Ann Allergy Asthma Immunol. 2021 Dec 28:S1081-1206(21)01310-7. doi: 10.1016/j.anai.2021.12.013. Epub ahead of print. PMID: 34971763.
- With some exceptions, people with asthma are not at a higher risk of more severe disease, hospitalization or death due to Severe acute respiratory syndrome coronavirus-2 (SARS-CoV-2), however, the perceived risk of being at higher risk has significantly impacted the mental wellbeing of people with asthma, disease severity, asthma control, female sex, and previous history of anxiety and/or depression are risk factors. More research is needed, particularly in post-lockdown periods.
- AR patients reported higher anxiety and depression scores than healthy controls. Behaviour changes during the pandemic, such as mask-wearing, spending less time outdoors, more time spent indoors, and decreased air pollution during lockdown periods, have impacted symptom scores.
- COVID-19 mental burden on people with food allergies was exclusively studied in children, adolescents and caregivers. Generally, people with FA reported concerns regarding the activation of emergency services and emergency department visits due to COVID-19, delays in allergy office visits, delays in oral immunotherapy, and difficulties with finding allergy-safe products during grocery shopping.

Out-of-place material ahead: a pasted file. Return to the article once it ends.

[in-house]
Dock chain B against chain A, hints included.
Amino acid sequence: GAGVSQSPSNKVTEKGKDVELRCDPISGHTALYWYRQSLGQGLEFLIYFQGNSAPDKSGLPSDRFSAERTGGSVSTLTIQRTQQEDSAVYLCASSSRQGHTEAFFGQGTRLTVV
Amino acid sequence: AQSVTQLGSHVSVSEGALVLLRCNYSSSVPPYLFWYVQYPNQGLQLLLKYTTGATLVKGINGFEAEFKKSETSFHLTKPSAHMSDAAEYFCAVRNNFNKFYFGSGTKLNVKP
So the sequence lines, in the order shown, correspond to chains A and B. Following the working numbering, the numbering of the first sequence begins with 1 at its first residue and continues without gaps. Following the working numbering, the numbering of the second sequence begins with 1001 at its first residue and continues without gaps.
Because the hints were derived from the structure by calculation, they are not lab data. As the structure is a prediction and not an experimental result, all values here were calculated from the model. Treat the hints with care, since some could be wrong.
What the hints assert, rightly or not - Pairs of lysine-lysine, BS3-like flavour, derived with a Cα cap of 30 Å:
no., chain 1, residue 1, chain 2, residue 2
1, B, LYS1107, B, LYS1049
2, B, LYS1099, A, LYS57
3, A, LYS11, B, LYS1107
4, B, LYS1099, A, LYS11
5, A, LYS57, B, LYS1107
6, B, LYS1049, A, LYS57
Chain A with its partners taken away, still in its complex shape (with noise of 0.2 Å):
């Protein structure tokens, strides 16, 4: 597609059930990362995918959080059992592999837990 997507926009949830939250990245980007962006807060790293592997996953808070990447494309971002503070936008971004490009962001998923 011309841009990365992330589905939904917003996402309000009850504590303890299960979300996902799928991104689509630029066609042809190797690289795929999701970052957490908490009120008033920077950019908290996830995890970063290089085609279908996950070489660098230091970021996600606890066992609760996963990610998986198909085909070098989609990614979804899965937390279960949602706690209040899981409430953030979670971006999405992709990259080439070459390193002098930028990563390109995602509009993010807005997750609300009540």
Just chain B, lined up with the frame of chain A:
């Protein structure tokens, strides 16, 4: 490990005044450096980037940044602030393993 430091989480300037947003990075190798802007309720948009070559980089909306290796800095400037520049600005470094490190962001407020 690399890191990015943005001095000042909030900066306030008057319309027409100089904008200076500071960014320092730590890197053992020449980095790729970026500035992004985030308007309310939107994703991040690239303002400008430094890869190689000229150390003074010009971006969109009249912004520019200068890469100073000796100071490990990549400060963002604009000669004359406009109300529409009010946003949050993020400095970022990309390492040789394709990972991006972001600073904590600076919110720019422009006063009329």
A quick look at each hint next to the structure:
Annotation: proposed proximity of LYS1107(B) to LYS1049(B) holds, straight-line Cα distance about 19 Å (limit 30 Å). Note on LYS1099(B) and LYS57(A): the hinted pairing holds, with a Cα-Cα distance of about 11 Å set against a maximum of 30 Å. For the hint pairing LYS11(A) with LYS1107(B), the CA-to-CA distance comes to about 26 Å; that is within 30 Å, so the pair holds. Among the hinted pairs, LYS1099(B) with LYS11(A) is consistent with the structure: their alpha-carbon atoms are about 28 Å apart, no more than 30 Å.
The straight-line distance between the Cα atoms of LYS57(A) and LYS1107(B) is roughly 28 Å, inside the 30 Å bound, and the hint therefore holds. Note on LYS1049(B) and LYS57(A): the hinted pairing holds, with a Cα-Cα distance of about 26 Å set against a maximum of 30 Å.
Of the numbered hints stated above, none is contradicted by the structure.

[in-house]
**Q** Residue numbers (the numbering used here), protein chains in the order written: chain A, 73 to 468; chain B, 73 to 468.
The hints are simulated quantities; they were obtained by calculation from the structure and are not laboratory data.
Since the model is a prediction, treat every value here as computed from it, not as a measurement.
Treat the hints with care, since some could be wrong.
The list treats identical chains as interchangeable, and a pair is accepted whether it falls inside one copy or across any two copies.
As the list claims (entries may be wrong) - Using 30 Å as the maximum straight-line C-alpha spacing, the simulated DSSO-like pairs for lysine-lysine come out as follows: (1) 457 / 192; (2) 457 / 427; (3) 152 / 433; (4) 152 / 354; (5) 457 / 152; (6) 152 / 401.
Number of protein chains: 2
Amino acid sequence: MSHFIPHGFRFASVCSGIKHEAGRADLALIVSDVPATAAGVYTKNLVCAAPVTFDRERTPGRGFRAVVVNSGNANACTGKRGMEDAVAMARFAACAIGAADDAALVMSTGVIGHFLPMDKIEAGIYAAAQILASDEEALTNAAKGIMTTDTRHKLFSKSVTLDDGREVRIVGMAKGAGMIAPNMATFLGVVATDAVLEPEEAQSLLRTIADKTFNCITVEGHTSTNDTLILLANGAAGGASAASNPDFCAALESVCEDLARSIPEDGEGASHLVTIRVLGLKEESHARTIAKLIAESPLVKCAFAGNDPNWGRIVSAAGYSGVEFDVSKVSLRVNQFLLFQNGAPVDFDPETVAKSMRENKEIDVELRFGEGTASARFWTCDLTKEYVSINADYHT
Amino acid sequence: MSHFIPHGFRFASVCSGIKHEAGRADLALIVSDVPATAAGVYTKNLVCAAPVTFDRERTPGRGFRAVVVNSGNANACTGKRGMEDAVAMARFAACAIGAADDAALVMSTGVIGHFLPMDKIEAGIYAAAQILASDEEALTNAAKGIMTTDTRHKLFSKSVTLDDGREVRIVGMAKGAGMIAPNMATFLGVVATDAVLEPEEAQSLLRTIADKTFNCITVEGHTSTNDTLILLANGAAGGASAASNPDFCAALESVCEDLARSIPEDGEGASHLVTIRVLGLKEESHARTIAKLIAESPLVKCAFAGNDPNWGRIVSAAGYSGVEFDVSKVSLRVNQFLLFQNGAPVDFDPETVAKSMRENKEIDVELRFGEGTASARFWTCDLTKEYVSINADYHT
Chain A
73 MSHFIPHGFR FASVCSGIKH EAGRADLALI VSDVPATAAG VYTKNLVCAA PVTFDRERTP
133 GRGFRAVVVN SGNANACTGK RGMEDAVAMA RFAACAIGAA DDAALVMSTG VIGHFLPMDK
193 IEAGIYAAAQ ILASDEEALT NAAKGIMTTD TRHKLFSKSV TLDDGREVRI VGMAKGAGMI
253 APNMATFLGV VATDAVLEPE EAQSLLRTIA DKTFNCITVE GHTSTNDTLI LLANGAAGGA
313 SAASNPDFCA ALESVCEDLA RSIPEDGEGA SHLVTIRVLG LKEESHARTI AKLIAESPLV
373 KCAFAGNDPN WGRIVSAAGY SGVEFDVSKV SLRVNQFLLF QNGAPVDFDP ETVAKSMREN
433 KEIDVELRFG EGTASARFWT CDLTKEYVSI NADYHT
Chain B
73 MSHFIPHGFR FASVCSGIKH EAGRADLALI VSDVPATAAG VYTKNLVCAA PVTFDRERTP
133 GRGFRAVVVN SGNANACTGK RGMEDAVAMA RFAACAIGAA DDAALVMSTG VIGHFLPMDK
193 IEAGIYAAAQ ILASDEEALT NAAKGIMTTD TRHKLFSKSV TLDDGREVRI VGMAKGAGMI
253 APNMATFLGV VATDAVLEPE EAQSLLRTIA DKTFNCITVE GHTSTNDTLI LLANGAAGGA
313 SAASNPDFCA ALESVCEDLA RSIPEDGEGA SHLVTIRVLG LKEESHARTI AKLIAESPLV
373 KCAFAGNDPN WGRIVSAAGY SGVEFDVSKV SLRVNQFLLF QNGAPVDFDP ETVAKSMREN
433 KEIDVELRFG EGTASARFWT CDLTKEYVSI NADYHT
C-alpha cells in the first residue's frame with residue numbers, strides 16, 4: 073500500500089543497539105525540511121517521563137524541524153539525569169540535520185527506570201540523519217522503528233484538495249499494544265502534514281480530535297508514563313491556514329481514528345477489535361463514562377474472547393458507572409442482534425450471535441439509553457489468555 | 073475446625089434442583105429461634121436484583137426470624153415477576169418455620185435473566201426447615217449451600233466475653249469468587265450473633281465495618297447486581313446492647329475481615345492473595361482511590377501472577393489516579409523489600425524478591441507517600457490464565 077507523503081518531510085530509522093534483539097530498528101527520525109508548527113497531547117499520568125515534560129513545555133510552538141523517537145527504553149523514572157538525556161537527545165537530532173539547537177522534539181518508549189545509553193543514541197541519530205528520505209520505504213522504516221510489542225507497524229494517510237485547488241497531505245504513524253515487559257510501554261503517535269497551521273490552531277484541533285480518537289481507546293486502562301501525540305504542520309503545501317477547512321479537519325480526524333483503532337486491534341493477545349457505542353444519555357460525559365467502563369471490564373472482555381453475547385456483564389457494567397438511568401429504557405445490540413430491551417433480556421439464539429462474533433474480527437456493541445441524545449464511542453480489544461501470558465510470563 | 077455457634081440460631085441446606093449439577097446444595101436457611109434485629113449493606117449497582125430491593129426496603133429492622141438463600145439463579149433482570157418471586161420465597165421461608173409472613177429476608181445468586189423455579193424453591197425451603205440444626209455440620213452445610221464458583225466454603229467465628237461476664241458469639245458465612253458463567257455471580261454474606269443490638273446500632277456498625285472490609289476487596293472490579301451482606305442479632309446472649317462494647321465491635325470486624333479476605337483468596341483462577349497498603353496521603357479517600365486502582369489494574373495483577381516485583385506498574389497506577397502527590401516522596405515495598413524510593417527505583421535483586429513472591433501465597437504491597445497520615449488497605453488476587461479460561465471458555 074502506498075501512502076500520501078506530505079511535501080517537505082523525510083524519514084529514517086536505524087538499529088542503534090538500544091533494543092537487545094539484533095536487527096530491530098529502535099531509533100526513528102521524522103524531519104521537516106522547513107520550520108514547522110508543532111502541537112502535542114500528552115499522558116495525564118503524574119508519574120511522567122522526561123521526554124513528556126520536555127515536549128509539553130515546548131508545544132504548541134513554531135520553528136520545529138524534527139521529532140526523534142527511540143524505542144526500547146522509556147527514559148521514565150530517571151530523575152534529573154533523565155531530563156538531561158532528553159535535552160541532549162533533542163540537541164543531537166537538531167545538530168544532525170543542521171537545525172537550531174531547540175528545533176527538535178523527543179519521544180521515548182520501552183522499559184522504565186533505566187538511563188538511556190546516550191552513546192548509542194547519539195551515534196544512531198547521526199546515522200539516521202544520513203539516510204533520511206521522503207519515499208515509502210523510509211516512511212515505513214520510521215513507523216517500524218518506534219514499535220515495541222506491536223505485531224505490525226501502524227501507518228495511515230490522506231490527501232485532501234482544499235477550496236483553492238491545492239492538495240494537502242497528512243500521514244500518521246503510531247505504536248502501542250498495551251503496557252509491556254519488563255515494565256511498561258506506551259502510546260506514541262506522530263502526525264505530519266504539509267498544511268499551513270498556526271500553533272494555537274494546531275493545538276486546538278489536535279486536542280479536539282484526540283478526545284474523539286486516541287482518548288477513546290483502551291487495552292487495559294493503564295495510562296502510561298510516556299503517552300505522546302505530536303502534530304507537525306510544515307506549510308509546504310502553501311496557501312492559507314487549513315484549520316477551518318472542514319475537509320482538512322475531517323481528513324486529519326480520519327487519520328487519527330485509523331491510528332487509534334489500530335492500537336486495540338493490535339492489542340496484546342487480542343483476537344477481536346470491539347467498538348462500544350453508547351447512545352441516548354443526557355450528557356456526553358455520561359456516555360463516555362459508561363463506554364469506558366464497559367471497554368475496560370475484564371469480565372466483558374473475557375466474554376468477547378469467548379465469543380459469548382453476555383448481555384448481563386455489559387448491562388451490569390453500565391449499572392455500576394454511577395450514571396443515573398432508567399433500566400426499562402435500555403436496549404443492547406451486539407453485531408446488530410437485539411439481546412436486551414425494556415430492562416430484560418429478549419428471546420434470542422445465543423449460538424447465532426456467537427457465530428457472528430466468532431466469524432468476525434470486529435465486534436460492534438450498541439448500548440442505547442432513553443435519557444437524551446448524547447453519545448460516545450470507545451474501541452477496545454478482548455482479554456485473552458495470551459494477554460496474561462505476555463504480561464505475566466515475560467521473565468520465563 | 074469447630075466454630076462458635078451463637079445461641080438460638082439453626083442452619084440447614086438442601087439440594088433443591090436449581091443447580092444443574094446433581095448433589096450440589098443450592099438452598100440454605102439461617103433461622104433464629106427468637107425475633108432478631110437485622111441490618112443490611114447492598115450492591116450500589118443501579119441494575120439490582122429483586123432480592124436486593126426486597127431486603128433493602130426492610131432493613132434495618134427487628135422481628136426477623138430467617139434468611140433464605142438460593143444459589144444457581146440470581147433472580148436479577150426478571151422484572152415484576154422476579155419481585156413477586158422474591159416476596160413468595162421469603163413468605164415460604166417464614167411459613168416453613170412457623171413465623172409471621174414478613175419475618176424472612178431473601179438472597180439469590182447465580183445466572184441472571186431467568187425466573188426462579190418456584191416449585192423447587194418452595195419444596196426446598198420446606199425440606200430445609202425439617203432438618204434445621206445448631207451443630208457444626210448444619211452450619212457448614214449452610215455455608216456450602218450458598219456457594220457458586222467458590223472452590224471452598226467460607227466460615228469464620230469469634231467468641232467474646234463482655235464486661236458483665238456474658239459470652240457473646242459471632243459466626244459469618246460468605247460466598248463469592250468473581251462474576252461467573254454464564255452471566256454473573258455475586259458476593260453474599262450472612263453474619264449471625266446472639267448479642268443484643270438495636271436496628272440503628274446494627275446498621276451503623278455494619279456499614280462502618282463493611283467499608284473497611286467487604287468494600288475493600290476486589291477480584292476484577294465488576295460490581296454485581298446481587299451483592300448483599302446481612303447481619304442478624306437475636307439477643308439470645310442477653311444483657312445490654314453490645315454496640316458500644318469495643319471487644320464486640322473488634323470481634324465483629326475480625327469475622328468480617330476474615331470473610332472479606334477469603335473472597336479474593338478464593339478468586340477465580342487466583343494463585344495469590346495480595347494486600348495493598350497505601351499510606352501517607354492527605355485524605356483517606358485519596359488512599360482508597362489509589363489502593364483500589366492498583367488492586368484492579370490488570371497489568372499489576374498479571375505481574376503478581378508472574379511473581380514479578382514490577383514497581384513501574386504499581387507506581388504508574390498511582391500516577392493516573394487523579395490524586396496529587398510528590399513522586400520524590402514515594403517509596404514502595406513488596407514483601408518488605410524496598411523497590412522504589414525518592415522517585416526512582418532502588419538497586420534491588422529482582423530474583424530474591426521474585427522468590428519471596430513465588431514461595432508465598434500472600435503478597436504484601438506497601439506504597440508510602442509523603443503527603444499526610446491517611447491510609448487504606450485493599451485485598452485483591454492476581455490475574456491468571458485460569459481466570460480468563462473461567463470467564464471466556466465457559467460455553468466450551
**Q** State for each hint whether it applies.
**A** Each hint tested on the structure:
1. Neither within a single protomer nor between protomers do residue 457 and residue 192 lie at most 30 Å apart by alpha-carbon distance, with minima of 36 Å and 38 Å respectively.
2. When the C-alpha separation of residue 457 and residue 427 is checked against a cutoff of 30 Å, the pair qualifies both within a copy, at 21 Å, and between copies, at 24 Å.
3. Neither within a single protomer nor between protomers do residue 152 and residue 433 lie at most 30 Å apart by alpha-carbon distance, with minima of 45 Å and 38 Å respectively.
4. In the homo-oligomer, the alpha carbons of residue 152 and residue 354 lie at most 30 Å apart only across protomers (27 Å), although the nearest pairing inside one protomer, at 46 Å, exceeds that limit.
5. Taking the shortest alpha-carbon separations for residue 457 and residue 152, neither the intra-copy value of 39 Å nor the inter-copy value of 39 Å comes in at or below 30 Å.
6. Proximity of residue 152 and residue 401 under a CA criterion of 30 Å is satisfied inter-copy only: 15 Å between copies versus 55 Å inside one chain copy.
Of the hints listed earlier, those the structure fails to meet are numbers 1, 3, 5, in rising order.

- Significant burden was experienced by parents and caregivers of children with asthma and food allergy compared to control groups. Referring these patients’ caregivers to appropriate support groups and mental health resources may be salient.
- In general, anaphylactic reactions to vaccinations, including the COVID-19 vaccines, are very rare, but do occur. In the case of a previous allergic reaction to the COVID-19 vaccine, allergists have been influential in determining which patients can proceed with receiving a vaccine according to evolving evidence-based guidelines.